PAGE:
I did my exercises in reverse order from Saturday. all the weight was a little heavier. I forgot my mid workout snack, and I missed it about an hour in. The change in order put bench press and pullovers last. I struggled, but I completed my plan. I worked out long and hard. I was tired at the end, but did not run out of gas before I was finished.

I was a pound heavier at the end of today's workout. I'm not too worked up over that, but I take it seriously. I am going to have to go back to the gym for cardio days. Mrs. P and I went out to dinner a couple times this weekend, so I'm sure I ate more than I ought to have. On the other hand, dining out with my bride is a rare treat that I don't regret. I just have to make up for it now.


Sunday, June 22, 2008

Knocking Off the Rust

“Life is like riding a bicycle. To keep your balance you must keep moving” - Albert Einstein

Took the bike on the streets this evening to see which of us was rustier. It was kind of a draw.

My balance is a little shaky, but riding a bike is like... well... you know. I'll be fine.

I got most of the iron oxide off the bike without resorting to the disturbingly titled condiment pictured, but the bike has some other issues. (So does it actually come from there? is it made from lint? and what is it's relationship to toe jam? and which goes better with chunky Jiff? I've checked Smucker's and Welch's, but no info on this mystery goo or it's origins.)

Right, the bike. The front wheel is a little out of true. I should be able to fix this. It isn't nearly bad enough to need replacing.

The crank has a wiggle in it that makes me think it is a bit bent as well. Again, I can fiddle with the front dérailleur handle enough to compensate.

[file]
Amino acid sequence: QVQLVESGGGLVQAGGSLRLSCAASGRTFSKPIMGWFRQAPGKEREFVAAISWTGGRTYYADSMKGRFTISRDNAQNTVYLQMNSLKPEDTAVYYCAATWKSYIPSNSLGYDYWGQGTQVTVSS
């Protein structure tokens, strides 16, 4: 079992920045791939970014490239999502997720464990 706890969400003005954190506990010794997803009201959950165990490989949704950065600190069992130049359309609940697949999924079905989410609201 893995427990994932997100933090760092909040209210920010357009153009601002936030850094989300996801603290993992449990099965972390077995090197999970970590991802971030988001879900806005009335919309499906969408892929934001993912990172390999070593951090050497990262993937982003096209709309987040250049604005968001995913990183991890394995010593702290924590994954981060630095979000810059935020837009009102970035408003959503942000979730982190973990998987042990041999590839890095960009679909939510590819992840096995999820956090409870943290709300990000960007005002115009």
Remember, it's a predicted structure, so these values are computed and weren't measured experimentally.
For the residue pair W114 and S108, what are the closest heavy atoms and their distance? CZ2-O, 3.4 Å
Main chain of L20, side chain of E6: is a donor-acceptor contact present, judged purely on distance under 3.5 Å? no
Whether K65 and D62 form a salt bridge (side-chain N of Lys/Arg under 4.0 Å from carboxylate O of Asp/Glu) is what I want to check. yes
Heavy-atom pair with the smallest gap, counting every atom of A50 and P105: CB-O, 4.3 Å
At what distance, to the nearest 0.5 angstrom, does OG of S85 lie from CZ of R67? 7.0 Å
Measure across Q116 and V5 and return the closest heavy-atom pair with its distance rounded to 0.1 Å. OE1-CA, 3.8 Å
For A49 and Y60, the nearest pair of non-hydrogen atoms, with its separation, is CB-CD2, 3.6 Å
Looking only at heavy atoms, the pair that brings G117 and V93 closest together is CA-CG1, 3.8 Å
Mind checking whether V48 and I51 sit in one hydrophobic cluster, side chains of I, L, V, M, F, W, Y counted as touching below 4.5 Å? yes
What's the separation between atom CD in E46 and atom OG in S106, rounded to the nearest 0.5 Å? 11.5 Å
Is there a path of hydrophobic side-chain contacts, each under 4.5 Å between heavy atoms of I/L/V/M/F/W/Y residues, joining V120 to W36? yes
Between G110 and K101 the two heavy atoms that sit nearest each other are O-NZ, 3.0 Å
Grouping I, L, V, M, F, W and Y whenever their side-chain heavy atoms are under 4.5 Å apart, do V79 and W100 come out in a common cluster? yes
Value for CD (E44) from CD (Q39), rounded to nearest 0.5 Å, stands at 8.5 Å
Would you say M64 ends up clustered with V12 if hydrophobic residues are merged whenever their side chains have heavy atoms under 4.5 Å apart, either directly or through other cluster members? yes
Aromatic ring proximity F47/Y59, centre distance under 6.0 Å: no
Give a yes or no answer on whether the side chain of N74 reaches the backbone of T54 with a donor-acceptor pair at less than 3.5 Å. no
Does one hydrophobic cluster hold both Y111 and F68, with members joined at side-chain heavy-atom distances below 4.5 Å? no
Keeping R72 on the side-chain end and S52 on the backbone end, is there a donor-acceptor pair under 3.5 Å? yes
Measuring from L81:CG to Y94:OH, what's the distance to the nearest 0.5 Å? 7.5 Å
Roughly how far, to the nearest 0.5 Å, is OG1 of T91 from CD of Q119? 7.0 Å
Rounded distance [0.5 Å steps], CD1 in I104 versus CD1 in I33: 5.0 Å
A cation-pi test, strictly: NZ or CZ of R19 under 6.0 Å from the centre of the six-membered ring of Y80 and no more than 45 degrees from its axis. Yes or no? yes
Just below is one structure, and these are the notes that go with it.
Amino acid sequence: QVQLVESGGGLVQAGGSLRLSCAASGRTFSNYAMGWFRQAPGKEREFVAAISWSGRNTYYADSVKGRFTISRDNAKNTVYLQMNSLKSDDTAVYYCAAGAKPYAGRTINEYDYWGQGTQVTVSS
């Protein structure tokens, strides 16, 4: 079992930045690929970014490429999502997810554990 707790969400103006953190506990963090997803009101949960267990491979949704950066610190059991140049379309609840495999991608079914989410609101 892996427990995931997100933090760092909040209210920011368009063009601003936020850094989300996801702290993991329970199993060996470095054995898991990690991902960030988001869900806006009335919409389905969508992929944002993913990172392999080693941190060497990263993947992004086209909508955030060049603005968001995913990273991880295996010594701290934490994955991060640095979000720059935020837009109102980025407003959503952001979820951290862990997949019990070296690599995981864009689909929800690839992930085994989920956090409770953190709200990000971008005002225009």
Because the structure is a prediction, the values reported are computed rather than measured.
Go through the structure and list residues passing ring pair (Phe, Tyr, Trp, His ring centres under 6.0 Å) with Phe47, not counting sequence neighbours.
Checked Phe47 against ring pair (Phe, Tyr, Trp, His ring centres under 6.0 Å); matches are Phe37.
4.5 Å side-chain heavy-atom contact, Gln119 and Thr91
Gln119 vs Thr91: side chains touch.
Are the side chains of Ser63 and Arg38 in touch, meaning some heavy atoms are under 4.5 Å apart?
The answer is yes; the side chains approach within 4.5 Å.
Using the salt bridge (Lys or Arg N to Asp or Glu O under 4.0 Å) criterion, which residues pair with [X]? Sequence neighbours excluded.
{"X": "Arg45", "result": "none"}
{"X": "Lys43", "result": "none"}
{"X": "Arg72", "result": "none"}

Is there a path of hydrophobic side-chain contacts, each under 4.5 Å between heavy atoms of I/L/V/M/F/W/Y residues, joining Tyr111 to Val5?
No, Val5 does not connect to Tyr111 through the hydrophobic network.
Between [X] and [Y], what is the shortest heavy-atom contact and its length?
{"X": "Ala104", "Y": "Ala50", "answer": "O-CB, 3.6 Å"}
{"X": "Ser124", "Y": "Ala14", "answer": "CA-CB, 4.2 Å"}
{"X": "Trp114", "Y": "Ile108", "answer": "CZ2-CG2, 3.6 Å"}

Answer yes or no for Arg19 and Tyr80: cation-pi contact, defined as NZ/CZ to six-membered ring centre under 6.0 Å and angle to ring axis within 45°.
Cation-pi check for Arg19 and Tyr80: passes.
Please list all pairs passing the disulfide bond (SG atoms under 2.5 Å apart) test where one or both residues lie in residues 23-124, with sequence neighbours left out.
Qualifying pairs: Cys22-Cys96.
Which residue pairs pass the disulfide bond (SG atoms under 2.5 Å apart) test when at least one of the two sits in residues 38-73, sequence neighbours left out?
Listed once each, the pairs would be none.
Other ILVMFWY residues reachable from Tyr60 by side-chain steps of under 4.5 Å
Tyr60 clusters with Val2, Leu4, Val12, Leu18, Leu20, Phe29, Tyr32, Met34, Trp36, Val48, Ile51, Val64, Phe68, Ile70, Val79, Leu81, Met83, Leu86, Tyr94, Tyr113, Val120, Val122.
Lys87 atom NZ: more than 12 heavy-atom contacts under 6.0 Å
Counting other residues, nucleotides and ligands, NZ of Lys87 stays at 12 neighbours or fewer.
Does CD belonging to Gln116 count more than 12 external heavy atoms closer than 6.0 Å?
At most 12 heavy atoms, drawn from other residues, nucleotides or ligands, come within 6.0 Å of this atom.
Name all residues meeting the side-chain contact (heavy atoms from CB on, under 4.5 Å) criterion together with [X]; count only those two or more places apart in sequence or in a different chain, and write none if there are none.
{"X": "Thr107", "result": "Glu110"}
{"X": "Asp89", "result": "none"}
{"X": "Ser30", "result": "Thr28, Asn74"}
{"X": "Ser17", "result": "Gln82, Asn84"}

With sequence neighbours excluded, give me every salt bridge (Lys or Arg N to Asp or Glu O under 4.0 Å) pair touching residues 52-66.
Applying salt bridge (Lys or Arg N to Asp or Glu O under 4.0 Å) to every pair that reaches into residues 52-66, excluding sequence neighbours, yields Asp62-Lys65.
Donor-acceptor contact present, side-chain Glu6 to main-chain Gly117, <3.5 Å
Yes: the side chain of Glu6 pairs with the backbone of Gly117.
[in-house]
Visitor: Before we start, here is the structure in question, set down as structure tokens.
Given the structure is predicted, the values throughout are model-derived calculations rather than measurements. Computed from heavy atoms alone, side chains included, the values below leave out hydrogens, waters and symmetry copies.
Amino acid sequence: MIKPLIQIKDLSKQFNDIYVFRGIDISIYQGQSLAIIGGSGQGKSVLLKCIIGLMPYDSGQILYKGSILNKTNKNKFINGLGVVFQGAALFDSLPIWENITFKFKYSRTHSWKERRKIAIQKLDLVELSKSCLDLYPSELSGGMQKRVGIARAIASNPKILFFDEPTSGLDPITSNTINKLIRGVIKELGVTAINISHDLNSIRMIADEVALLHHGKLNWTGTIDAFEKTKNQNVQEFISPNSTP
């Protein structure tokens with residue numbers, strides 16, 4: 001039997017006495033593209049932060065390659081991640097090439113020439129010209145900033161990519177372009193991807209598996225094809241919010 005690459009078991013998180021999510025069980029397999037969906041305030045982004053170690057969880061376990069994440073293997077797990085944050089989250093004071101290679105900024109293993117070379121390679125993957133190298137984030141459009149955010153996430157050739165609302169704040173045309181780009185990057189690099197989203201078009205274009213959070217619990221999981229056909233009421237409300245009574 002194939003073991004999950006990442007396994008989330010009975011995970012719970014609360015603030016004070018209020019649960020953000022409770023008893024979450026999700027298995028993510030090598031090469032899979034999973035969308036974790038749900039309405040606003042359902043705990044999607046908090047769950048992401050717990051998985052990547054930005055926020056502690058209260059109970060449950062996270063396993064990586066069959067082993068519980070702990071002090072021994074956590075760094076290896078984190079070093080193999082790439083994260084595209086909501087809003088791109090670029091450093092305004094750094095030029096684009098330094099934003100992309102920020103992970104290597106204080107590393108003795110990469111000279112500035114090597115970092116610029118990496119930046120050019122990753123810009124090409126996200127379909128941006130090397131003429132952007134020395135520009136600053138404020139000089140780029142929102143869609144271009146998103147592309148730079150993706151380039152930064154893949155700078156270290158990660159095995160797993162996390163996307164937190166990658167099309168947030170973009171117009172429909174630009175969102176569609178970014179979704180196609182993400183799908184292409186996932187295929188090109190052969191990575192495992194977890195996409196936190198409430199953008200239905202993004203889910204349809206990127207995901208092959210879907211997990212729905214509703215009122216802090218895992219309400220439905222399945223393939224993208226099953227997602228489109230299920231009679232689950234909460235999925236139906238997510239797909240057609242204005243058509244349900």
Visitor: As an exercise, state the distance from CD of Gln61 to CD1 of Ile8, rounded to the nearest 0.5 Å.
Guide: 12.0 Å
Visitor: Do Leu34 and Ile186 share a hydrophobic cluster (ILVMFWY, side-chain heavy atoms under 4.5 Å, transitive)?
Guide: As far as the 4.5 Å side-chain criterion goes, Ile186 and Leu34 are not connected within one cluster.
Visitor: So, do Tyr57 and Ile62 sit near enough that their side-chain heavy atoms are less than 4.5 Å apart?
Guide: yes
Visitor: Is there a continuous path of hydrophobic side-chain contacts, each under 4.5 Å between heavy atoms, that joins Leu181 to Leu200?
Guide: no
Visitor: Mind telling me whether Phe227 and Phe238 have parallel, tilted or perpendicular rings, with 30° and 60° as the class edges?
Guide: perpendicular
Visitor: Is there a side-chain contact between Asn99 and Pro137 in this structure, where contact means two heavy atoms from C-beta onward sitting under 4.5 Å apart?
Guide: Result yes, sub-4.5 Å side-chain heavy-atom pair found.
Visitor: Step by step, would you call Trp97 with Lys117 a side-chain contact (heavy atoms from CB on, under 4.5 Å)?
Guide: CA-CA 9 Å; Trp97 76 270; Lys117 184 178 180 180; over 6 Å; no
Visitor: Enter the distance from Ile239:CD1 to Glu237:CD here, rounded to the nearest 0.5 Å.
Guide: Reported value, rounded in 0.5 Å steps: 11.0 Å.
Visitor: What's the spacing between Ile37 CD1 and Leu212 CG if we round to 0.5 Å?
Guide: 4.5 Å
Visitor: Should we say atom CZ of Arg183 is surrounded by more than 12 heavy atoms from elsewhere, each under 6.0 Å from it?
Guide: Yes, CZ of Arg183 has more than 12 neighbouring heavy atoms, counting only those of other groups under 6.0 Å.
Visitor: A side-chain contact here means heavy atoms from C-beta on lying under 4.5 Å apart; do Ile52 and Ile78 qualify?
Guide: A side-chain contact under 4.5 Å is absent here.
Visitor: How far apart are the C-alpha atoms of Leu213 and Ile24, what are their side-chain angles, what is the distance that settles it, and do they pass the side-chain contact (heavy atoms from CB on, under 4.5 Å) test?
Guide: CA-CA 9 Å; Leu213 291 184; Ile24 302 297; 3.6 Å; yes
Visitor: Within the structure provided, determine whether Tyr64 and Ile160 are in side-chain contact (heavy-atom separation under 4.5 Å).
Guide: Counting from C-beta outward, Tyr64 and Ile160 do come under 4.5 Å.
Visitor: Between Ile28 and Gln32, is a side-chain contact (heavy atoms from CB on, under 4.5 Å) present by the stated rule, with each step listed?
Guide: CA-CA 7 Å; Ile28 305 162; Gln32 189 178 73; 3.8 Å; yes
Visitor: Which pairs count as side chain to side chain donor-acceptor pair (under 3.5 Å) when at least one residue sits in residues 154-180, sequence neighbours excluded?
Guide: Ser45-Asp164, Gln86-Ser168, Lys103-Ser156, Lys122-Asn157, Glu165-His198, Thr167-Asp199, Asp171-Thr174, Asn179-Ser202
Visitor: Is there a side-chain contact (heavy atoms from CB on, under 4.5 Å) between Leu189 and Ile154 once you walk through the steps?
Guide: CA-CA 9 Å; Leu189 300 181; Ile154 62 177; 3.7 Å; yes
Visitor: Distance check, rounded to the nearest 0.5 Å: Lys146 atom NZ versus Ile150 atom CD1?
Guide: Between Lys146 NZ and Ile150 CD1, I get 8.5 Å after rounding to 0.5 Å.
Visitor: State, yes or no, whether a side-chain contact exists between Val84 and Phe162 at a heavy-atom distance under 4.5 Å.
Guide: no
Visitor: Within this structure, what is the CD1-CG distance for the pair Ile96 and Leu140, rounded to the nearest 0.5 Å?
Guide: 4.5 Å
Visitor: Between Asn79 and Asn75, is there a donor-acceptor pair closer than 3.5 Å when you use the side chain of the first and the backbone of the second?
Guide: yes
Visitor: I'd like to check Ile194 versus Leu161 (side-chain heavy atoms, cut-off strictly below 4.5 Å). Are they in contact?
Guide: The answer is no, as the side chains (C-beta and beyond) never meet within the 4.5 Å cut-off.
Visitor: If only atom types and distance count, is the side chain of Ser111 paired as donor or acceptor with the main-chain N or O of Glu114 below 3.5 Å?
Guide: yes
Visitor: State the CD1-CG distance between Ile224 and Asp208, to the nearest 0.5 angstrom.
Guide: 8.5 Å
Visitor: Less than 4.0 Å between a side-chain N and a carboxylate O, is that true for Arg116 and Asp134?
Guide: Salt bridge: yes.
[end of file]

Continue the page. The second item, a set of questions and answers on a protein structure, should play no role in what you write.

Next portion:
The brake shoes need to be replaced. The previous owner did mix and matching with the shoes and I want to feel more confident than I do about them. I'll get replacements after payday. All the new cables will have stretched out by then and need adjusting anyway.

I hate the kickstand. It always seems to be in the way and does very little to hold the bike up. I'd really like to ditch it, but I'll leave it on for a week to see if I use it for anything other than cussing at.

I also think that the headset is a little loose. My old ten-speed used to stand true when you held the seat or leaned it against a wall, but this machine, which has straight Mountain-bike style handlebars spins really freely. It may need an overhaul, but I'll do some more research before messing with this. I have no enthusiasm for chasing ball-bearings all over the driveway.

That's pretty much it. I got a very silly looking flag for the back, and received one "Hey Big Sexy" taunt from a carload of beered up boys leaving the ballpark. I'm OK with that. I want motorists to see me. I'm enough of a misanthrope not to care what they think about my personal style. Besides, in a year when I've built my body into 300 pounds of rippling man-meat, I'll just pull hecklers out through the windows of their cars and feed their guts to the neighborhood pit bulls. (Molly's tastes are too refined for such rough types.)

I haven't quite sorted out how I'm going to carry work clothes in the morning. I'll start out with a backpack, but the next financial windfall that comes our way is going for some panniers.

It now takes $50 to fill my little Honda with gas, which I only do twice in a normal month. If I bike to work and back, I'll be saving a lot of money.

That along with all the other altruistic reasons to burn body fat instead of fossile fuel
makes a pretty strong case. Now if I can just convince the boss to install a shower in my office.


An Experiment in Intensity

"LIFE! GIVE THE FAT MAN LIFE!!!!" I have devised an experiment.